Tuesday, May 28, 2013

For the Bride Who Has Everything

Temperatures have been rather unpredictable this month on the east coast, but what is entirely predictable is that the month of May will be followed by the month of June, and June is high-water month for weddings in the US. 

I have two on my June calendar. 

In my lifetime, the American wedding has changed almost beyond recognition.  When I was a child, weddings were considered a grown-up affair and children were not invited.  Then, when I was old enough to attend, the wedding ceremony (usually in a church) was open to the public, but the reception was an intimate affair reserved for family and a few close friends. 

The bride and groom usually began their lives together in a tiny apartment furnished with hand-me-down bits and pieces they were thrilled to get.  As the young couple moved up the financial ladder, they, in turn, passed their hand-me-down pieces along to family and friends; and so it went. 

Today, weddings and receptions are lavish affairs to which the immediate world is invited.  Often, many of the guests are friends or business associates of the parents and may never even have met either the bride or the groom. 

In some cases, the bride and groom may already have started their family…

and be living in their dream house.  Clearly, a cappuccino maker as a wedding gift won’t do the trick.  They probably each had one when they moved in together, kept the most expensive one and donated the other to a cappuccino-deprived relative. 
So, what do you get the bride who has everything?  Nothing?  Sorry, not an option. 

This is where the wedding registry comes in handy.  But, does she really want that antique Russian silver samovar from Christie’s that costs more than your first house?  How often do you think THAT will get used?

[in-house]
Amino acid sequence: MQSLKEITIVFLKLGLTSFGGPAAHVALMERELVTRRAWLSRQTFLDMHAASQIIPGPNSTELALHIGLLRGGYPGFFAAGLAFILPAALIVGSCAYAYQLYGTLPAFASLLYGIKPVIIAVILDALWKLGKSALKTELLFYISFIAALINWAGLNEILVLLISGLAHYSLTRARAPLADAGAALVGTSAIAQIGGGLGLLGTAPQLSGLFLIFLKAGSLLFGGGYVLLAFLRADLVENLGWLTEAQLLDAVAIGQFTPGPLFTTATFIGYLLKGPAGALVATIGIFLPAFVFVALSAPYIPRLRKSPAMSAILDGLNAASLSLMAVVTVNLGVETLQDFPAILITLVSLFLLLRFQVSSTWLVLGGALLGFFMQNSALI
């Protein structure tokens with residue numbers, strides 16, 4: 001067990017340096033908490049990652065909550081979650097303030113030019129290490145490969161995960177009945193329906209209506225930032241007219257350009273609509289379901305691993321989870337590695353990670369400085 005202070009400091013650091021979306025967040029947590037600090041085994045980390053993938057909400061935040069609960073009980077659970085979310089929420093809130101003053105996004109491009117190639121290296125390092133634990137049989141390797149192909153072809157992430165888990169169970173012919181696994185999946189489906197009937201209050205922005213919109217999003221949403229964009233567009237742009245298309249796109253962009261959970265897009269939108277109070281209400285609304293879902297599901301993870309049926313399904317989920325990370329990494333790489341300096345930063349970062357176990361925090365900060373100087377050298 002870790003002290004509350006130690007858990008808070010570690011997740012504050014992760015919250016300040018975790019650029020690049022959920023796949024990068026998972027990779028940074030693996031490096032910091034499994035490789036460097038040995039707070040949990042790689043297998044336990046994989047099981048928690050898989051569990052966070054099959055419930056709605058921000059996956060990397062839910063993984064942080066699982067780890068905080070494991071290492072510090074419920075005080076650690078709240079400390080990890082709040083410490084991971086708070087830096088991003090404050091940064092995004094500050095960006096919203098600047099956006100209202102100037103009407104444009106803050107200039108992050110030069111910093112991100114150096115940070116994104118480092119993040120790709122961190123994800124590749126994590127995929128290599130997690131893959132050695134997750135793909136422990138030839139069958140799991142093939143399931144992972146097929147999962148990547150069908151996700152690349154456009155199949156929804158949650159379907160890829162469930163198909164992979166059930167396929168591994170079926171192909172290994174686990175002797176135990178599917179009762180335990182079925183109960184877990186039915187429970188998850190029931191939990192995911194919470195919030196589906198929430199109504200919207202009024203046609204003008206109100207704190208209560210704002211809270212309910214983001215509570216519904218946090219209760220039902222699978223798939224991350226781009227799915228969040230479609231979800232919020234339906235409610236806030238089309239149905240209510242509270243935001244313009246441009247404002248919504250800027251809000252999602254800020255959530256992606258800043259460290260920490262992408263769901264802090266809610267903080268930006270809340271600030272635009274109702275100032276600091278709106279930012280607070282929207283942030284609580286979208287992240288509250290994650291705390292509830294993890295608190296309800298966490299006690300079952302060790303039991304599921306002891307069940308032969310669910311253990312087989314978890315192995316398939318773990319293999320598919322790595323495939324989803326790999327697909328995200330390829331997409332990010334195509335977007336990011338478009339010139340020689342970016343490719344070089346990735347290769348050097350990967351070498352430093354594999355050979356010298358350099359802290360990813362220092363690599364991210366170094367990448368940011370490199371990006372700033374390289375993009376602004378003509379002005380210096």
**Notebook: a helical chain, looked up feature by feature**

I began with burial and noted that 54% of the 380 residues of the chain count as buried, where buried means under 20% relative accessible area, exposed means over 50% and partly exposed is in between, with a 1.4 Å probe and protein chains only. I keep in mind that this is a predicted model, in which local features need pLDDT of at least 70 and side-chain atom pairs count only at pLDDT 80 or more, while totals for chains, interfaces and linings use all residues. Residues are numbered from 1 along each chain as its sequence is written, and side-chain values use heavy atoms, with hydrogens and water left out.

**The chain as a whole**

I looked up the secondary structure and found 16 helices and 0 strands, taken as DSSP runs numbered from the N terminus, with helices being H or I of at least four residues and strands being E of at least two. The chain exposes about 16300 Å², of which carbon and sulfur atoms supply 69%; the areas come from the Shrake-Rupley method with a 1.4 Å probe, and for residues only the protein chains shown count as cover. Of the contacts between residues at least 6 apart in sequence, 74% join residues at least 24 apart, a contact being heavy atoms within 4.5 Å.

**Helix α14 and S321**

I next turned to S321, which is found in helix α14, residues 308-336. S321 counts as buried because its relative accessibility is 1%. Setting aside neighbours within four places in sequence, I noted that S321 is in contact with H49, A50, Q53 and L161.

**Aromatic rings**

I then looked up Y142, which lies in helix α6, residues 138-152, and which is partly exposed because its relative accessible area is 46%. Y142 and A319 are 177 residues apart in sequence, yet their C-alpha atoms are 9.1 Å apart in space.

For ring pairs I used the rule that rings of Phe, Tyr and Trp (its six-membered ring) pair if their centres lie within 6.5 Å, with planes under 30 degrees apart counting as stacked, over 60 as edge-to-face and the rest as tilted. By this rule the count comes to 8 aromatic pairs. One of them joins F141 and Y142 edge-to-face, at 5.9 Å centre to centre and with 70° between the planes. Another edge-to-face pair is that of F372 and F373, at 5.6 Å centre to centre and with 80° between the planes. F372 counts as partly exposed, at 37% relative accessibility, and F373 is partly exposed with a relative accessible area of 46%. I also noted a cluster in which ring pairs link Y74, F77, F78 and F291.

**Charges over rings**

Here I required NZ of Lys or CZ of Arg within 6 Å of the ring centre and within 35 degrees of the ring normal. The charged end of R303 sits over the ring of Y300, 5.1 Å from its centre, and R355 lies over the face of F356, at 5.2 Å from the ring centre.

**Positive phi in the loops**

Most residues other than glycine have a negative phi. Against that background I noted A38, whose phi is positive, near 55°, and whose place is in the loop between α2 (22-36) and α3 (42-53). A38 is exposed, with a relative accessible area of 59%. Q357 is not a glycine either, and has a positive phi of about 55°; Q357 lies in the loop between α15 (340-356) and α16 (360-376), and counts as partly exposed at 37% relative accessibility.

Don’t get me wrong; I do use the wedding registry when appropriate, but I think there is something delightful to be said for that element of surprise…the unexpected gift that wasn’t on the “official” list.

What about hiring a live-event artist to immortalize their special day on canvas?  It’s a brilliant idea for a gift that will truly bring joy to bride and groom for years to come, long after the tarnished silver samovar lies forgotten in the attic. 

Philadephia painter, Joan Zylkin, is just such a live-event artist. 
Following an international career in Civil Service, Journalism and Fashion, this Renaissance woman from Great Britain, found her true calling as an artist after enrolling at the Pennsylvania Academy of the Fine Arts in Philadelphia. 

Wedding, Cape May, NJ, by Joan Zylkin
When not painting portraits and still lifes in her center city studio, Joan can be found somewhere in the US working her magic at weddings, bar/bat mitzvahs, fund raisers and every sort of venue that celebrates the special moments of life. 


 Wedding in the Curtis Atrium, Philadelphia, PA, by Joan Zylkin
Joan arrives several hours before the event, sets up her easel, arranges her pots of paint and with quick, masterful strokes, she captures the excitement, the colors and the ambiance of the event as seen through the eye of a gifted artist. 
Her work has been featured in “The New York Times.”
Here’s a time-lapse video of Joan at work.


For more information on this exceptional artist, go to her website or contact her directly at joan@theeventpainter.com.   
For a list of live-event artists across the country, go to “The Affluent Bride.”

Now, aren’t you glad you decided against that silver samovar? 


  1. Dearest Marie-Thérèse,
    Great post and it has a lot of truth in it! Often weddings are way over the top, compared to our time... We always pray and hope that at least their marriages will last after all that investment.
    What a great idea this event painter! That would be something precious for years to come.
    Thanks for sharing your classy insights into different lifestyles. Those gone and the ones from present day.